The two-day event was allowed to proceed on a stipulated day and time despite efforts by pro-Israeli groups demanding its cancellation.

The two-day event reflected life, culture, arts and crafts inherent to Palestine.
The two-day event reflected life, culture, arts and crafts inherent to Palestine. (TRT World and Agencies)

Despite efforts by pro-Israeli groups to cancel the event, the 2017 Palestine Expo kicked off as planned on Saturday, in London's Queen Elizabeth II Conference Centre in Westminster.

Organised by Friends of Al-Aqsa, a UK-based NGO, working to defend the human rights in Palestine, thousands of people attended the two-day event.

The event is a curtain-raiser on the life, culture, arts and crafts inherent to Palestine.

Special interactive zones, food stalls, augmented reality tours, theatres, traditional dabke dance workshops were set up throughout the five storeys of the conference centre.

The workshop allowed visitors to take part in discussions, and to also try out some traditional Palestinian dishes.

For those who wanted to try their hand at Palestinian cooking, special live kitchens were set up to get hands-on experience, from the author of Palestine on a Plate, Joudie Kalla.

Noted academicians and journalists such as Illan Pappe, professor for Arab and Islamic Studies at the University of Exeter, and professor of Islamic studies at the University of Oxford, Tariq Ramadan, writer Ben White and Miko Peled amongst others graced the event.

David Miller, a professor of sociology at the University of Bath, told Middle East Eye, the event has been a visible show of public support for the Palestinian cause.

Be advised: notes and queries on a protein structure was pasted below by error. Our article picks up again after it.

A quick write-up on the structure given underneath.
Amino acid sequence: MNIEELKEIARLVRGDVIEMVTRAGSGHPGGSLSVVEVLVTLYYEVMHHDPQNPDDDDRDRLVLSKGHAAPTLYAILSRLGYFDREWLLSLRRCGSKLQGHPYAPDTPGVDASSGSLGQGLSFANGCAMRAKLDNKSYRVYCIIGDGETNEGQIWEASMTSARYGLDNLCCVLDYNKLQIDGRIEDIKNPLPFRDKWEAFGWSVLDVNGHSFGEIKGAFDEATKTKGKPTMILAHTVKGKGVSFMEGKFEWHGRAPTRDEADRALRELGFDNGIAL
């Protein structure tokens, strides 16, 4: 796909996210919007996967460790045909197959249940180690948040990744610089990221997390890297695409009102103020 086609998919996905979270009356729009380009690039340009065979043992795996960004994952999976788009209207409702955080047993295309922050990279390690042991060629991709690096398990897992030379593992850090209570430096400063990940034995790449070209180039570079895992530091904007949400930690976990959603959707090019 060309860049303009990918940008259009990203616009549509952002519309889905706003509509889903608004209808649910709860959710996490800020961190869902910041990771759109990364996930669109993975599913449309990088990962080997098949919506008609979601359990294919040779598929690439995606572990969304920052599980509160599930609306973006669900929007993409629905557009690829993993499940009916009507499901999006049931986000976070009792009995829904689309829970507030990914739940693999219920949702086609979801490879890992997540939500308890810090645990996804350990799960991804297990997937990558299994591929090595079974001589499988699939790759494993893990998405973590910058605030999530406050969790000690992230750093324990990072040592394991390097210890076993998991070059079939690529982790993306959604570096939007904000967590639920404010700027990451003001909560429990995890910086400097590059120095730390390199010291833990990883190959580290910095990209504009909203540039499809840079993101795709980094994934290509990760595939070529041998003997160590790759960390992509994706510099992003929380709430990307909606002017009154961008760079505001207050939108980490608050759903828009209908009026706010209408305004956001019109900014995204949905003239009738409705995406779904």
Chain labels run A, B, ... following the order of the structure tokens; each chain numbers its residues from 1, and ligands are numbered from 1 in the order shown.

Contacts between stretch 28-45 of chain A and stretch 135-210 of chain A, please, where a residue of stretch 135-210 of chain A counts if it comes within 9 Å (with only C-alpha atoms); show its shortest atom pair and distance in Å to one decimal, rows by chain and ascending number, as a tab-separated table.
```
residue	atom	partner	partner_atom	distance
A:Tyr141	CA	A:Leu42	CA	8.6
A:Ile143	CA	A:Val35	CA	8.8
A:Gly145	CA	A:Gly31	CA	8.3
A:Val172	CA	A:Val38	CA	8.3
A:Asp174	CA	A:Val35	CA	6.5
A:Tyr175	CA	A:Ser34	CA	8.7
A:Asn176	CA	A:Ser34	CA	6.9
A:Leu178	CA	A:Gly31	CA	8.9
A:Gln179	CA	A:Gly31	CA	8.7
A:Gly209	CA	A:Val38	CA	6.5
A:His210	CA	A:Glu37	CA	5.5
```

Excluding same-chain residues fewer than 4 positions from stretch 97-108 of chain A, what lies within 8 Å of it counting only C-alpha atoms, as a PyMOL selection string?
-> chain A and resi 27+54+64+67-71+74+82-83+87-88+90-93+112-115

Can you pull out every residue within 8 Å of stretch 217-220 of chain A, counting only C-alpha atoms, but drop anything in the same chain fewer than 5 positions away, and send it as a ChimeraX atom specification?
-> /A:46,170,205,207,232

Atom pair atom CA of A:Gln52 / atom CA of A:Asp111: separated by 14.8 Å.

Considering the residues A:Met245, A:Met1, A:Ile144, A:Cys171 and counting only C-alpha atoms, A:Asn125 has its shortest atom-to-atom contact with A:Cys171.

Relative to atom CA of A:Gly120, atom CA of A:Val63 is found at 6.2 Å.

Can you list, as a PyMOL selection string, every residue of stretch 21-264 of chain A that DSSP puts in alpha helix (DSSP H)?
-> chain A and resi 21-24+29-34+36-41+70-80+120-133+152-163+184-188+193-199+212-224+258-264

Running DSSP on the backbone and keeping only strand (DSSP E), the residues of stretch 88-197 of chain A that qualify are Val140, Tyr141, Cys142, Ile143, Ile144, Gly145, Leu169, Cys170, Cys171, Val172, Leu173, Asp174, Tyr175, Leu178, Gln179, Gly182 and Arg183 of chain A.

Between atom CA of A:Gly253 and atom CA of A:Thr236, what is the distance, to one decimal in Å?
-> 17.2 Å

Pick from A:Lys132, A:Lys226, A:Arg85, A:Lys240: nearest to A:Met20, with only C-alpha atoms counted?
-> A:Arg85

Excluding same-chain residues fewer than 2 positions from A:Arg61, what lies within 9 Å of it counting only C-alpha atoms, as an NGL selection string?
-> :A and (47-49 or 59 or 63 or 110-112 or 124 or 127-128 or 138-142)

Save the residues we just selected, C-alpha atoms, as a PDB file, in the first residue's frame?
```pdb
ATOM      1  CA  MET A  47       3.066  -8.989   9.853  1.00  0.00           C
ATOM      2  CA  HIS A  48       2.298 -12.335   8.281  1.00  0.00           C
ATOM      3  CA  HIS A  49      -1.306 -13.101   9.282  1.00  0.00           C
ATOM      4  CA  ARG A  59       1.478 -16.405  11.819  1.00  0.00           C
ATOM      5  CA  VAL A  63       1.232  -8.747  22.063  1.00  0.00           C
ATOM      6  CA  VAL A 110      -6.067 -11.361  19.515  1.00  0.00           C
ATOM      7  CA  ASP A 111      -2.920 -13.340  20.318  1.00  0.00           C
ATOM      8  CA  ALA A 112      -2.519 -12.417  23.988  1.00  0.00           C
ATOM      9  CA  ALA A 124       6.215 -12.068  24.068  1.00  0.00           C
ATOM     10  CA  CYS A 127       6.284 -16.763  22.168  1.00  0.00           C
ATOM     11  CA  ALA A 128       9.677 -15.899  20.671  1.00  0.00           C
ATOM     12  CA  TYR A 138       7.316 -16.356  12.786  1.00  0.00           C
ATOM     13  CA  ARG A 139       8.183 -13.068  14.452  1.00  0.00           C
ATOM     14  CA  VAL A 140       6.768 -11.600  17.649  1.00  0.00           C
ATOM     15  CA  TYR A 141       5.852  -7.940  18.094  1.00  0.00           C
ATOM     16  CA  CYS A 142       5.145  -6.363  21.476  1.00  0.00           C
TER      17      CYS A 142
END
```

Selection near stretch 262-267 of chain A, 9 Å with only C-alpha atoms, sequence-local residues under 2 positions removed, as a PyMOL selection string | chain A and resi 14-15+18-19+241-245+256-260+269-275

"The significance of this conference is that it brings the issue of Palestine on to the agenda," he said.

Miller, whose talk reflected the role of UK-funded charities supporting Zionist organisations in the establishment of illegal settlements in the West Bank and East Jerusalem, said "People see that there are thousands and thousands of people who are interested in Palestine and human rights."

Leanne Mohammed, a 16-year-old British-Palestinian and a human rights activist spoke about the use of arts and creativity as tools of campaigning.

Special photo booths with a backdrop of Palestine along with props and Palestinian outfits were made available for those who wanted to capture the memories of this event.

Attempt to defame

On June 14, the Department for Communities and Local Government, which is responsible for the venue where the event took place, wrote to organisers expressing their concerns about the organisations' public support for Hamas, threatening to cancel the event.

However, the organisers of the event described it as a smear campaign against some of its speakers.

Ismail Patel, the founder of Friends of Al-Aqsa, told the Guardian, the department was unlawfully interfering in the event.

"They have failed to provide any satisfactory reason as to why they have chosen to cancel an event which seeks to celebrate Palestinian culture and heritage," he said, accusing the department of acting on hearsay from a pro-Israeli lobby group.

Threatening legal action, the event was eventually allowed to proceed on a stipulated day and time.

Source: TRT World